Mr. BAXTER submitted the following amendments to the Constitution:
In lieu of the 4th and 5th Sections of the Bill of Rights, insert the following: Sec. 4. That no religious or political test, other than an oath to support the Constitution of the United States and of this State, shall ever be required as a qualification to any office or public trust under this State. Sec. 5. That elections shall be free and equal, and the right of suffrage, as hereinafter declared, shall never be denied to any person entitled thereto, except upon conviction by a jury of some infamous crime, previously ascertained and declared by law, and the judgment thereon by a court of competent jurisdiction.” Strike out the 31st section of the Bill of Rights, and insert the following: Sec. 31. The erection of safe and comfortable prisons, the inspection of prisons, and the humane treatment of prisoners, shall be provided for by law. Sec. 32. That slavery and involuntary servitude, except as a punishment for crime, whereof the party shall have been duly convicted, are forever prohibited in this State. Sec. 33. The General Assembly shall make no law recognizing the right of property in man. “Every free man of the age of twenty-one years, being a citizen of the United States, and a citizen of the County where he may offer his vote, six months next preceding the day of election, and who shall have paid one month before the day of election all poll taxes legally due from him for the preceding year, shall be entitled to vote for members of the General Assembly and other civil officers for the County or District in which he resides.”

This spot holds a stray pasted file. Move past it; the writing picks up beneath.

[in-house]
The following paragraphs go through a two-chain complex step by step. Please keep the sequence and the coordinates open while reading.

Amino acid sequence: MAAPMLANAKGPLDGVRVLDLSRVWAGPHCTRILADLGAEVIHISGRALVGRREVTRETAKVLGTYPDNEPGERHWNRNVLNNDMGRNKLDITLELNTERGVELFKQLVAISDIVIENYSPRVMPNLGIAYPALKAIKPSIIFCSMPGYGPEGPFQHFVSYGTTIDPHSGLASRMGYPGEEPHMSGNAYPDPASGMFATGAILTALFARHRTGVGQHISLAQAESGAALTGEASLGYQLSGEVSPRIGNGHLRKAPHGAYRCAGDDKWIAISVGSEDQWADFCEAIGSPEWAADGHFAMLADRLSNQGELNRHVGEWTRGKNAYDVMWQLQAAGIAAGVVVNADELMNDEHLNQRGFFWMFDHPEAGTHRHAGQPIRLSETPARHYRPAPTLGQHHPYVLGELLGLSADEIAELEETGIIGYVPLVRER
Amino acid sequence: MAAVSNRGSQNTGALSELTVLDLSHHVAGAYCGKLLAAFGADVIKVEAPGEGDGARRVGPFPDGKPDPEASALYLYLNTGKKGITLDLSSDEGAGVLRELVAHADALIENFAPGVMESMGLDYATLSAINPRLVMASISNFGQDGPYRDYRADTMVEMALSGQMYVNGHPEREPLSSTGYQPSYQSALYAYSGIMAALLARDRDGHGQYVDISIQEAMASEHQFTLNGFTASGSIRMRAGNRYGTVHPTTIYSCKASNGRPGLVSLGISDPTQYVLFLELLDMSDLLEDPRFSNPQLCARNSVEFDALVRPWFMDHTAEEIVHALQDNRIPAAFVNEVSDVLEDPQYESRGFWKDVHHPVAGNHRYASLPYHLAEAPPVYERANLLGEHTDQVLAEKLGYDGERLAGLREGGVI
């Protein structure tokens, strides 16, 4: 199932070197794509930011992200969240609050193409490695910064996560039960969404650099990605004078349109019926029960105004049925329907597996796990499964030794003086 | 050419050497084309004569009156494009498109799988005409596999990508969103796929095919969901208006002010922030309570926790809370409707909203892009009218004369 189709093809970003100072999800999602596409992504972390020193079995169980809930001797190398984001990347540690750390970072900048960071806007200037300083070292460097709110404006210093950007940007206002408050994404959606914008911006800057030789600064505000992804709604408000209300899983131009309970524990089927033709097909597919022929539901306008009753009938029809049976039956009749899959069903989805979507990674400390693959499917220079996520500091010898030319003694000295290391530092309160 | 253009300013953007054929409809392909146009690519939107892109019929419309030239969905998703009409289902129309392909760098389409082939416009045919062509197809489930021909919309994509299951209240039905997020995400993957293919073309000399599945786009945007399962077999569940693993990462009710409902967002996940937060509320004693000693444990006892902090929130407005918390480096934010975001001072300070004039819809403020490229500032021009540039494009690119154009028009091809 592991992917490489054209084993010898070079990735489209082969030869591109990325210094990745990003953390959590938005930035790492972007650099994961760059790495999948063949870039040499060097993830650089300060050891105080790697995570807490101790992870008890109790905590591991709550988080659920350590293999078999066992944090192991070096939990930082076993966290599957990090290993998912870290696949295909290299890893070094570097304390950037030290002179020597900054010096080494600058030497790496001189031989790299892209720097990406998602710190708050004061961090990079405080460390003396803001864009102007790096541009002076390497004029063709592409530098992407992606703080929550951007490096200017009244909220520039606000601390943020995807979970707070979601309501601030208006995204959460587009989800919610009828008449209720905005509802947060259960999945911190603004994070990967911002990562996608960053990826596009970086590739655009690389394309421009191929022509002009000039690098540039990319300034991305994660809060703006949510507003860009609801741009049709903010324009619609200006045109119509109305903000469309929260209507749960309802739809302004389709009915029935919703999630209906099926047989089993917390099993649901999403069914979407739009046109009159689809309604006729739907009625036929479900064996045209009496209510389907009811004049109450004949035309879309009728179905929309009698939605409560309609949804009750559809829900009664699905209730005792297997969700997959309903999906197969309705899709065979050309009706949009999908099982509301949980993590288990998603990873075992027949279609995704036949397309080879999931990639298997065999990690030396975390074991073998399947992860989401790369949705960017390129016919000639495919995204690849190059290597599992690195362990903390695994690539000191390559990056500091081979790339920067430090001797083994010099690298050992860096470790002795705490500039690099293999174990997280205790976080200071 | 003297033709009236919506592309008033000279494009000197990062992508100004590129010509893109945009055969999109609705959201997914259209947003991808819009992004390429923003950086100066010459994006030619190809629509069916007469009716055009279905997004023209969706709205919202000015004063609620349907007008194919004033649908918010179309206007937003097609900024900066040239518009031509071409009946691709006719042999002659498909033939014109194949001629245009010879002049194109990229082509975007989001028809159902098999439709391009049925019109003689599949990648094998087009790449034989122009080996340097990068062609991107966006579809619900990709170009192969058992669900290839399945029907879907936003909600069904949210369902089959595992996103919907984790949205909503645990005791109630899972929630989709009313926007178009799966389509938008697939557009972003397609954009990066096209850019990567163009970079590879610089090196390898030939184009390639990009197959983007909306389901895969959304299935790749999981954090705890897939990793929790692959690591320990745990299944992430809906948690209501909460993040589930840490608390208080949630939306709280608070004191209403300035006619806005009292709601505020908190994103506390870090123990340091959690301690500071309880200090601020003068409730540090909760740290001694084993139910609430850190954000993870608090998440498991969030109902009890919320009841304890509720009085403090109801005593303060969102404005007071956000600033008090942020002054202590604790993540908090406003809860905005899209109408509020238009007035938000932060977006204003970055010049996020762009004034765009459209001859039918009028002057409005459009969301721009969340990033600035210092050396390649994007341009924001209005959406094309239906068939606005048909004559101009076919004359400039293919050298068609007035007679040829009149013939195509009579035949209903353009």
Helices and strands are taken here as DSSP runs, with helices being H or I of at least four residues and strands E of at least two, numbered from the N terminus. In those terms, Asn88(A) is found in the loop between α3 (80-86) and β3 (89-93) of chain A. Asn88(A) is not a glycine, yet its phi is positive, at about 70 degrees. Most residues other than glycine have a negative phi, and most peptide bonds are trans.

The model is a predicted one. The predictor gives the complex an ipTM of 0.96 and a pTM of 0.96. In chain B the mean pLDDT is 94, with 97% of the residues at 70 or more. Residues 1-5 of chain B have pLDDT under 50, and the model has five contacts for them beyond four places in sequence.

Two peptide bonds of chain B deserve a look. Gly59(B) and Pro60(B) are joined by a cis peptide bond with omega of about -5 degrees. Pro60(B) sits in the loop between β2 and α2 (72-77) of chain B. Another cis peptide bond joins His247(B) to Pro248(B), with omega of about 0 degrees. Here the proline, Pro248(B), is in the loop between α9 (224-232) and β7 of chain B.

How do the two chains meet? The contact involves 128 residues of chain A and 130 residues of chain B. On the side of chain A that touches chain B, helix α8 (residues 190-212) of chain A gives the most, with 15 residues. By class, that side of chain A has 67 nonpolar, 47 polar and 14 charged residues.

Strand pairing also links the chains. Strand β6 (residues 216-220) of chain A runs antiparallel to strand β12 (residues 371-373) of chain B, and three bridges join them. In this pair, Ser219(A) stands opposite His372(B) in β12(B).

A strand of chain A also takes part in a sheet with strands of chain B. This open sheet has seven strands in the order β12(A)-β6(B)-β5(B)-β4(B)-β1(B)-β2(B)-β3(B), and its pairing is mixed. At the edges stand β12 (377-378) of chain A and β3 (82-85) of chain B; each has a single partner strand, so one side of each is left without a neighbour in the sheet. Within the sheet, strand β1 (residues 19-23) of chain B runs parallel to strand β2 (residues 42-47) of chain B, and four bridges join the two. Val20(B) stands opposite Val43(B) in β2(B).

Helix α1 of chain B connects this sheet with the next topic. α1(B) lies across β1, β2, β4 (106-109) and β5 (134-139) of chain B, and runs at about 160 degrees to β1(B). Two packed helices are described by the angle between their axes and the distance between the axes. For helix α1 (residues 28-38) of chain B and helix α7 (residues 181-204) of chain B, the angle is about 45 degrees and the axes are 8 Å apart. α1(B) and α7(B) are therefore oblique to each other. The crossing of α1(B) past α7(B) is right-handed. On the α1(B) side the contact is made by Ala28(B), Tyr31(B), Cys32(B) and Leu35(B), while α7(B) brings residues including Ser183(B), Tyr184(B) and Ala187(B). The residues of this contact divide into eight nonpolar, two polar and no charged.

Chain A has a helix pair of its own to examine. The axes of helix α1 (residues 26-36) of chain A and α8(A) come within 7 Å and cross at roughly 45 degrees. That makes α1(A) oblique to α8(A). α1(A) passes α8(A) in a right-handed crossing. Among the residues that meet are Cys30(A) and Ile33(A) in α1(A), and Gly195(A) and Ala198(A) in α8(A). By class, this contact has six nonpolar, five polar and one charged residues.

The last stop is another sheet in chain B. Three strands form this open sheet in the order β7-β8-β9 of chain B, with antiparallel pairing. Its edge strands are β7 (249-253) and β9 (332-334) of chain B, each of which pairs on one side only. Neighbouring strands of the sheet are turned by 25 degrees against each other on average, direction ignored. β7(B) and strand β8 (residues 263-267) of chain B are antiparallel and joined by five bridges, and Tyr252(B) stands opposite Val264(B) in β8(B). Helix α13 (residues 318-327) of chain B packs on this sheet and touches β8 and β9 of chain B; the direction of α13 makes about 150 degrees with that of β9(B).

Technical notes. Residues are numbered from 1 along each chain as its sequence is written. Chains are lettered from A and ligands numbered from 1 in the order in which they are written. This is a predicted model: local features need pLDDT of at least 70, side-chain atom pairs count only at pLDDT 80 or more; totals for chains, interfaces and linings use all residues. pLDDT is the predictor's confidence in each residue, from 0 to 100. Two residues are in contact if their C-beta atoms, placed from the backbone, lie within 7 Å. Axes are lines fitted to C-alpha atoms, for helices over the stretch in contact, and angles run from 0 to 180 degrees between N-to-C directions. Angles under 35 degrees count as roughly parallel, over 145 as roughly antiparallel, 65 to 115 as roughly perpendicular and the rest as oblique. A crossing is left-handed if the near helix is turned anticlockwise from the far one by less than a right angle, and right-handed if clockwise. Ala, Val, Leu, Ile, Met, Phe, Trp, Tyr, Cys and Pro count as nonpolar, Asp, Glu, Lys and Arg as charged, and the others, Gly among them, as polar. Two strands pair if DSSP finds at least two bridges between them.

Mr. PORTER, of Haywood, offered the following amendment to the Constitution of the State:
“Resolved, That Section 4, of Article II, shall be so amended as to read as follows: The Governor shall hold his office for four years, and until a successor shall be elected and qualified. He shall not be eligible more than eight years in a term of twelve.” Resolved, That it be referred to the proper Committee to enquire into and report upon the expediency of the abolition of the office of County Trustee, as provided in Article VII, Section 1, of the Constitution. Mr. HEISKELL offered the following amendments to the Constitution : • . Resolved, Article I, Section 4, ought to be so amended that no religious test shall ever be required as a qualification for any office or public trust under this State or to the exercise of voting. Nor shall any political test, or any oath relating to past time or conduct, except the oath to prevent dueling. That Article VI, Section 11, of the Constitution, requires to be amended so as to provide that the Legislature may provide by law for the appointment of Judges of the Supreme Court, in the event any Judge shall be unable for any cause to attend or sit. Resolved, That so much of Article II, Section 28, as excepts “merchants, peddlers and privileges’’ from the rule of equal taxation, is against the theory and principle of constitutional law, as it excepts a minority from the protection of the Constitution, and the same ought to be amended.